Despite the end of the commodities super cycle, the fundamentals of African economic growth remain in place. Africa is also increasingly peaceful and governance standards continue to improve rapidly. However, a critical need for infrastructure investment remains, with funding currently in short supply. This combination of factors may provide an ideal opportunity for private financiers to fill the funding gap. Matching investors to infrastructure projects in Africa could be a win-win, supporting long-term potential growth on the continent in return for meaningful, long‑term returns.
Although the IMF has revised down the annual growth forecast for sub-Saharan African growth in 2016 to 1.6%, well below the 5.1% enjoyed in 2014, the drivers of growth are broader than simply the commodity super cycle. While surging oil and other commodity prices certainly benefited Africa, growth is also supported by improving governance, urbanisation, labour productivity growth and an emerging services economy. In addition, the proportion of African countries that are largely peaceful has grown significantly over the last thirty years.
African governance: Countries at place vs countries involved in armed conflict and/or authiritharian rule
Source: Investec Asset Management
The fall in commodity prices has put pressure on both government and international private sector financing. Chinese entities have sharply reduced investment since 2013 and commercial banks have withdrawn funding due to growth concerns and regulation. Likewise, government finances have been crimped by the fall in commodity prices even as rising bond yields have pushed up borrowing costs. However Africa still requires at least US$93 billion in infrastructure investment per annum, with an estimated infrastructure funding gap of some US$31 billion per annum.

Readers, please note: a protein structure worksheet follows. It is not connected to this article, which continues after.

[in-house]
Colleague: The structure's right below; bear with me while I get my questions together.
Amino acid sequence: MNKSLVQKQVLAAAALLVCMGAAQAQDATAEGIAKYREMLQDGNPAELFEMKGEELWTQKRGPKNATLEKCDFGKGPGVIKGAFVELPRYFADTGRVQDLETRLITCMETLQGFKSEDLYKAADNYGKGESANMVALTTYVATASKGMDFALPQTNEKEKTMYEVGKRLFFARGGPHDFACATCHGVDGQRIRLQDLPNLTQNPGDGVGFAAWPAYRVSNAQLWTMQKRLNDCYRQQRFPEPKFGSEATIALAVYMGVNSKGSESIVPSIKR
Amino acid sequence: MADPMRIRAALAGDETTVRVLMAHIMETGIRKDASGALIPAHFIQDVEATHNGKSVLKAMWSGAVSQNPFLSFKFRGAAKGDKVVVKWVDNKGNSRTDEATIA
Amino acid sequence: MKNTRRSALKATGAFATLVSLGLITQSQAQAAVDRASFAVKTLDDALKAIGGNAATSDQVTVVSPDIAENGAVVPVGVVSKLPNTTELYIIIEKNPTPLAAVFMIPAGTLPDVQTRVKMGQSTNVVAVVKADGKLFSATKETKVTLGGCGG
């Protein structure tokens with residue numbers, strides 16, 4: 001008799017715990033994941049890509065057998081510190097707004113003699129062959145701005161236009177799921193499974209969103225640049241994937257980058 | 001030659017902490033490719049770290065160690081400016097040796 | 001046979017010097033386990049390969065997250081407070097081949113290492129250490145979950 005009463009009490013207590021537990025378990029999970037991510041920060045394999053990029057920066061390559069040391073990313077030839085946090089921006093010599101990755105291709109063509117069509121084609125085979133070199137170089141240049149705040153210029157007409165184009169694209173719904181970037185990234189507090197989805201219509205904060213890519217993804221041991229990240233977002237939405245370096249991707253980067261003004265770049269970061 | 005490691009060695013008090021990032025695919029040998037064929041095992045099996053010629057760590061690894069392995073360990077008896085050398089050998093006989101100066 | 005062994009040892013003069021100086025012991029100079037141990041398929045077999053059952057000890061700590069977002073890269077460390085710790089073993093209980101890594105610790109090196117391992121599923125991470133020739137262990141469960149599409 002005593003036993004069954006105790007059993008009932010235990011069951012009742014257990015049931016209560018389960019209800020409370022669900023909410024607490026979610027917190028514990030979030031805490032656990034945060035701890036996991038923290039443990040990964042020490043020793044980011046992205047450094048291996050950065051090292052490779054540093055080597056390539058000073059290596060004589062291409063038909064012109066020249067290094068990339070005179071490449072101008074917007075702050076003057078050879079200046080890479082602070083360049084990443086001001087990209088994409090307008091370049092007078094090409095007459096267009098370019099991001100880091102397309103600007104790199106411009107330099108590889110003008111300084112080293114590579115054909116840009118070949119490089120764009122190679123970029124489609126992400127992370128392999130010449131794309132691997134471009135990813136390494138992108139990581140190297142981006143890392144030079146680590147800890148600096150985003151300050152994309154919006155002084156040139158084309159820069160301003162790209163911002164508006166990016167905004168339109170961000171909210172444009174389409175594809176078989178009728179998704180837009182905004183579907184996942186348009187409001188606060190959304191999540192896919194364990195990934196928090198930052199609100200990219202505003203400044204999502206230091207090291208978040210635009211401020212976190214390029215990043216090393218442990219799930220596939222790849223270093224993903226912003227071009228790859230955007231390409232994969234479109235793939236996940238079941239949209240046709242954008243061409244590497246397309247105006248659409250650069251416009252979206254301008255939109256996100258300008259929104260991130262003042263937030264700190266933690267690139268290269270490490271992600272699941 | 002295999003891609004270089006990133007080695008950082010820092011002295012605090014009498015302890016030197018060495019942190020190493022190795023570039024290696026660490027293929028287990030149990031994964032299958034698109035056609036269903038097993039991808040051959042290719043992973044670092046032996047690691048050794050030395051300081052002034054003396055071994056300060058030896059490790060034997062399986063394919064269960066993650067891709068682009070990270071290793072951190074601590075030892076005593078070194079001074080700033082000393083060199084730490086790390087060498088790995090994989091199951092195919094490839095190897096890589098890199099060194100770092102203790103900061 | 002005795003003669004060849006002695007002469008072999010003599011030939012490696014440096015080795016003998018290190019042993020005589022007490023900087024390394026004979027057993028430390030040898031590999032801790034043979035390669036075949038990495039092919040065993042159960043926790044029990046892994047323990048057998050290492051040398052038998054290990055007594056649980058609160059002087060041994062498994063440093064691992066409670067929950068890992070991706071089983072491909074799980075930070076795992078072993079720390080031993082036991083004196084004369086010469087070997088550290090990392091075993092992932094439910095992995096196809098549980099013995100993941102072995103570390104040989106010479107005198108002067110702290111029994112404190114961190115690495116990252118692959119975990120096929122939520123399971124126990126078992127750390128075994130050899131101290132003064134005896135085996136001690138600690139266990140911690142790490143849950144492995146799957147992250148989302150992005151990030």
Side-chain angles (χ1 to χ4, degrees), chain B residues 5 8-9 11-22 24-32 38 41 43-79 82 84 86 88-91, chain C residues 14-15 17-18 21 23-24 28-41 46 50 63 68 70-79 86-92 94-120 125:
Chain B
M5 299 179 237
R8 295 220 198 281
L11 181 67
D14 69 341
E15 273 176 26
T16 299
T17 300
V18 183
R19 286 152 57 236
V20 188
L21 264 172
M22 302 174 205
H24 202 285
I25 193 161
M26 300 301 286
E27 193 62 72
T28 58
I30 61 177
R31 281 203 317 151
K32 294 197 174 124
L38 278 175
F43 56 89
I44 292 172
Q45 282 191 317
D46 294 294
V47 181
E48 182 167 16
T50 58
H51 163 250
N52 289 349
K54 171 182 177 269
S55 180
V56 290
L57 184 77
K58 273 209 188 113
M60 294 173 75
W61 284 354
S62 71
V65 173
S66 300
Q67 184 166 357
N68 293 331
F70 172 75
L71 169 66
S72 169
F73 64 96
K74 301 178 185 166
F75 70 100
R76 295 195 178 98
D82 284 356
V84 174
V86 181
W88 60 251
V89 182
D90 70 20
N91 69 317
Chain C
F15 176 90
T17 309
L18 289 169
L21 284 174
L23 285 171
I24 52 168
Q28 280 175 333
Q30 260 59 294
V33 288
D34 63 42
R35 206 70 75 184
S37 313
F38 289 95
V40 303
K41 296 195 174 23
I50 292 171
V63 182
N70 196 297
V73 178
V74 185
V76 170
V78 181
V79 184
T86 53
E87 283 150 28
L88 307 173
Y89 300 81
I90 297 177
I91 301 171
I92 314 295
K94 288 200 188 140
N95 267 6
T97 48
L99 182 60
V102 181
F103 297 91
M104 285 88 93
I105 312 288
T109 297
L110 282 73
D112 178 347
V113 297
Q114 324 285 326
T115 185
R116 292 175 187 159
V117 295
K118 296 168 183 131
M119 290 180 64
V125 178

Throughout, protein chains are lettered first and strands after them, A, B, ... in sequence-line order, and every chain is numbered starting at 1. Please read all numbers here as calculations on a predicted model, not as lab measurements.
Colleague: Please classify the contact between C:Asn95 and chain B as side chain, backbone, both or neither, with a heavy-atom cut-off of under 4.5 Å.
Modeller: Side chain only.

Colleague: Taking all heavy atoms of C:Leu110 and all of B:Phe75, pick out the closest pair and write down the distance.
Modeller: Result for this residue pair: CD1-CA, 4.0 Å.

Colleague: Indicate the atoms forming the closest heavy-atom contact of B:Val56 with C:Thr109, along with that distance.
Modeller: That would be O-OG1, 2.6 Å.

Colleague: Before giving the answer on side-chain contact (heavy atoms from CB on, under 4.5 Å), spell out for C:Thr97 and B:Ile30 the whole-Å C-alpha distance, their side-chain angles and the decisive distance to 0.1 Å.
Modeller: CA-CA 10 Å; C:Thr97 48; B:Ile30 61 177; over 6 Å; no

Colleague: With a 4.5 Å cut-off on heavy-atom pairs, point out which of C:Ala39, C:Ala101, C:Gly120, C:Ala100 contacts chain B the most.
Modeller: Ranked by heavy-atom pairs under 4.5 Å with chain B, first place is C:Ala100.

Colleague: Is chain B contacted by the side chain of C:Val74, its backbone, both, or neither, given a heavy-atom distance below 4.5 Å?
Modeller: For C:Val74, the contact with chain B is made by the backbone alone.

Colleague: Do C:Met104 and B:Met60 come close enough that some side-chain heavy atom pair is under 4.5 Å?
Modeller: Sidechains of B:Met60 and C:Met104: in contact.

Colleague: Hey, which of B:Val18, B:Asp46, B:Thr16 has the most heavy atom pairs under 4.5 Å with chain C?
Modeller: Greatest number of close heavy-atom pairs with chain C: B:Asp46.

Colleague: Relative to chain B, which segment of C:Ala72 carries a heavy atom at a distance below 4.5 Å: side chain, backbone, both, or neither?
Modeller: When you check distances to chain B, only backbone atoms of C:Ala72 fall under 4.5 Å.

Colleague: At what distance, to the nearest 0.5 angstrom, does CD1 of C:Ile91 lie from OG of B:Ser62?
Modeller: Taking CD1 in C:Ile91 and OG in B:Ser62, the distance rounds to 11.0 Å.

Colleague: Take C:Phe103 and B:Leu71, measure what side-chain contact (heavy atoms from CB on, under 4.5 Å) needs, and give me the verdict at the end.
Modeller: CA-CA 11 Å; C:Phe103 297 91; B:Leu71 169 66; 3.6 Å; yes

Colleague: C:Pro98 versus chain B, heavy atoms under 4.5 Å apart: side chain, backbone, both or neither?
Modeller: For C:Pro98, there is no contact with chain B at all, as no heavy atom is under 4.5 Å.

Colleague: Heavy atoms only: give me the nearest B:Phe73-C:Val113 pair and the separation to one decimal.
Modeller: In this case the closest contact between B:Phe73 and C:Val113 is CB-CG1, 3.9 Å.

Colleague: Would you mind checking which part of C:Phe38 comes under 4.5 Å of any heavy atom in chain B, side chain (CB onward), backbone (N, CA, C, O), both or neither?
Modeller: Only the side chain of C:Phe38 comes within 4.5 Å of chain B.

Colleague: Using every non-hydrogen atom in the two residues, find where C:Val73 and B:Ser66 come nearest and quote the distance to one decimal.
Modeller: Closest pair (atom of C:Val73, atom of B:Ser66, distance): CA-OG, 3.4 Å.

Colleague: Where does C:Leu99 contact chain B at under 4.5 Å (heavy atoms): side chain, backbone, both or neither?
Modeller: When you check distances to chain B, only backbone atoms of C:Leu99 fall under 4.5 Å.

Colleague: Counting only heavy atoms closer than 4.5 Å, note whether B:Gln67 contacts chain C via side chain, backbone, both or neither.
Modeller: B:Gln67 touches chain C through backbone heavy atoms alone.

The opportunity/need goes beyond power, roads and ports, to encompass educational facilities, agricultural storage and financial infrastructure to include urban, social, services and farming infrastructure. Although many projects have been shelved, the lack of facilities in many countries, there are still viable projects and opportunities for business expansion, particularly in infrastructure.
The African debt markets remain less developed than those of the developed world, particularly corporate credit. Therefore, infrastructure sponsors are much more dependent on either bank funding or private debt funding for their projects.
The private credit markets, which include infrastructure, are by definition illiquid. However, investors in these areas are well aware of the constraints and benefits of these investments. Ultimately, long-term investors have an opportunity to benefit from improving valuations and capture a long-term illiquidity premium, while supporting Africa’s growing infrastructure development.
The viability of any infrastructure funding opportunity will always depend on its fundamentals, market conditions, supply/demand dynamics and valuations.
Currently there are a growing number of projects with intact fundamentals. The challenging market conditions has resulted in less demand for certain types of credit resulting in increasingly attractive valuations for some financing initiatives. But as always, investors will need to remain very cautious and ensure that the fundamental assessment is solid before investing.
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